“It’s possible we’d only invite 60 or 70. We’d take the seniors being recruited by Division I schools, as well as the juniors and sophomores.”

The camp discussion is an example of why the transition is sure to be a smooth one. Hursey and Young are of one mind on the vast majority of issues BCAM faces. Though a generation apart, they see eye-to-eye on matters of importance. They discuss which battles should be fought and those they should avoid.

In many ways the transition is similar to that which took place within the MHSAA recently with Mark Uyl taking over for Jack Roberts as executive director. Uyl, 25 years Roberts’ junior, has stated that Roberts has left a legacy, and that he hopes to follow up on that legacy.

“Now that Mark Uyl has taken over, like Dan, a new generation has taken over,” Hursey said.

Hursey and Young are hoping seeding will be introduced within the boys and girls tournaments in the next year or two.

On the subject of transfers, Hursey and Young support the new rule instituted by the MHSAA, which states, in part, that a student who transfers will be ineligible for one full school year at the new school in any sports she or he participated in the previous year at the former school (but eligible immediately in all other sports).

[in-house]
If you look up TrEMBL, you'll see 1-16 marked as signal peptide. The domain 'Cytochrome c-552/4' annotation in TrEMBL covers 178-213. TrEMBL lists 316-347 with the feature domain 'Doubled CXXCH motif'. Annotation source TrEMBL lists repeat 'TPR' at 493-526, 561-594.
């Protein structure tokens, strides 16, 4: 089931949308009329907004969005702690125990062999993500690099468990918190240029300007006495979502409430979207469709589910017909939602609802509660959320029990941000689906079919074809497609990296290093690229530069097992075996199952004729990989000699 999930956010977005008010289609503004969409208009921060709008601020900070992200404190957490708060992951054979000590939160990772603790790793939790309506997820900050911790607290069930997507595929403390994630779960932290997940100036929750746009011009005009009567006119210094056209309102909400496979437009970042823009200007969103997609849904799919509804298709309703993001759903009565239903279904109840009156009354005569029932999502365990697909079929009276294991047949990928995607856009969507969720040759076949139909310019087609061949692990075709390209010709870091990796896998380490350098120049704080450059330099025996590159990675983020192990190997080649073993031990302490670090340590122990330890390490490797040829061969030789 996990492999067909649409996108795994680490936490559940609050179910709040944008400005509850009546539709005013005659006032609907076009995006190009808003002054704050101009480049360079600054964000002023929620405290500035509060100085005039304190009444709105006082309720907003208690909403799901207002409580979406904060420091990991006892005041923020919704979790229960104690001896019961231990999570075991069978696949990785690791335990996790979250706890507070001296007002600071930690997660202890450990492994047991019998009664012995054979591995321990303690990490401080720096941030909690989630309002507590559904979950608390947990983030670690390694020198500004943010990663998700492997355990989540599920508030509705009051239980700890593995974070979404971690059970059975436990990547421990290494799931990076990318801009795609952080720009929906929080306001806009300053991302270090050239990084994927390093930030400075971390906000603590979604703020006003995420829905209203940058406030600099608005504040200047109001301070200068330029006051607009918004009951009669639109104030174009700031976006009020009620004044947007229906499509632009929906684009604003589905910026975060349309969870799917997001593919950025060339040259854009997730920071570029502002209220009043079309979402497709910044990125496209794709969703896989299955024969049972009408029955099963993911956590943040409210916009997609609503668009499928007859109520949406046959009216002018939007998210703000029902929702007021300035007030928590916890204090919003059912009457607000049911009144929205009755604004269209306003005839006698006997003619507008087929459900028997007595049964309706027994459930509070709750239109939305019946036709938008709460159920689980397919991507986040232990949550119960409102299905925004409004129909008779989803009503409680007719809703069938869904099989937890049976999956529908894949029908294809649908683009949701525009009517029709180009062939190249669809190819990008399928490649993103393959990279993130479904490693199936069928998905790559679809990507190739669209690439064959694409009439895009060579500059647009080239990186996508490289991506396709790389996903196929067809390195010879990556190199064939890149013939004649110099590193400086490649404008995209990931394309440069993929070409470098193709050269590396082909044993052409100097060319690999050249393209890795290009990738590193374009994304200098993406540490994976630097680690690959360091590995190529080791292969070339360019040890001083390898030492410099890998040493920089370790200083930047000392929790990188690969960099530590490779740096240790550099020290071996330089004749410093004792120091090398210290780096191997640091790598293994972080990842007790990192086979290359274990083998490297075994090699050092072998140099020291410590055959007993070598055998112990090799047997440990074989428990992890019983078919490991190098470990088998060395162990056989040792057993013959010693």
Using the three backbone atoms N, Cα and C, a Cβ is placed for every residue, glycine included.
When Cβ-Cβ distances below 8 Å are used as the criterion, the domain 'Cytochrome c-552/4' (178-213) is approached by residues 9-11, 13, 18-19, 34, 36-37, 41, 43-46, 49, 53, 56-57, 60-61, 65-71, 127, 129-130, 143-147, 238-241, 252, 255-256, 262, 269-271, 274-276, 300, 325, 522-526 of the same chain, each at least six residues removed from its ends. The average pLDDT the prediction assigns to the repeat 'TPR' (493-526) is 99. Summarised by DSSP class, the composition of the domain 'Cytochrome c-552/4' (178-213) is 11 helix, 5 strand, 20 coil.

Another concern with regard to transfers is the increasing numbers of top-level players leaving the state and enrolling at prep schools, like Findley Prep in Nevada and others. The most recent top player is Mark “Rocket” Watts who left Old Redford Academy in Detroit and is now enrolled at Spire Academy in Ohio. Watts was considered one of the top candidates for the Mr. Basketball Award, sponsored by BCAM.

Beyond educating players and coaches, and possibly parents, Hursey and Young say there’s little they can do from preventing parents from taking their child out of state.

“It’s a sign of the times,” Hursey said. “Dan and I met with Izzo and we talked for two hours about this. Izzo opened our eyes about it. Take the Old Redford (student). They offer him a beautiful dorm to live in, three square meals and the chance to travel around the country. How are we supposed to compete with that? Izzo said they’re playing 30-to-40 games but that only 10 or so are against the best teams. Those are the ones you see on TV.

“There are a lot of positives for staying with your high school. There’s a lot to be said about high school sports being played at a certain level. And there’s nothing like a Friday night basketball game played in front of 2,000 fans and the place rocking. We just have to keep with what we’re doing. We have to educate the coaches. Some of these fly-by-night operations don’t concentrate on the academic part of school. Yeah, we might lose some of our best players, but there are a lot of good players in this state and there still is great basketball being played. This is not just happening in Michigan. We met with the National (High School) Basketball Coaches Association. It’s a problem throughout the country. How can we compete with millionaires?”

Young said BCAM will continue to do what it does best, and that’s to serve coaches throughout the state and promote and help to improve the game through its many clinics and camps. The website,, has been improved and updated recently, and provides members and nonmembers alike valuable information.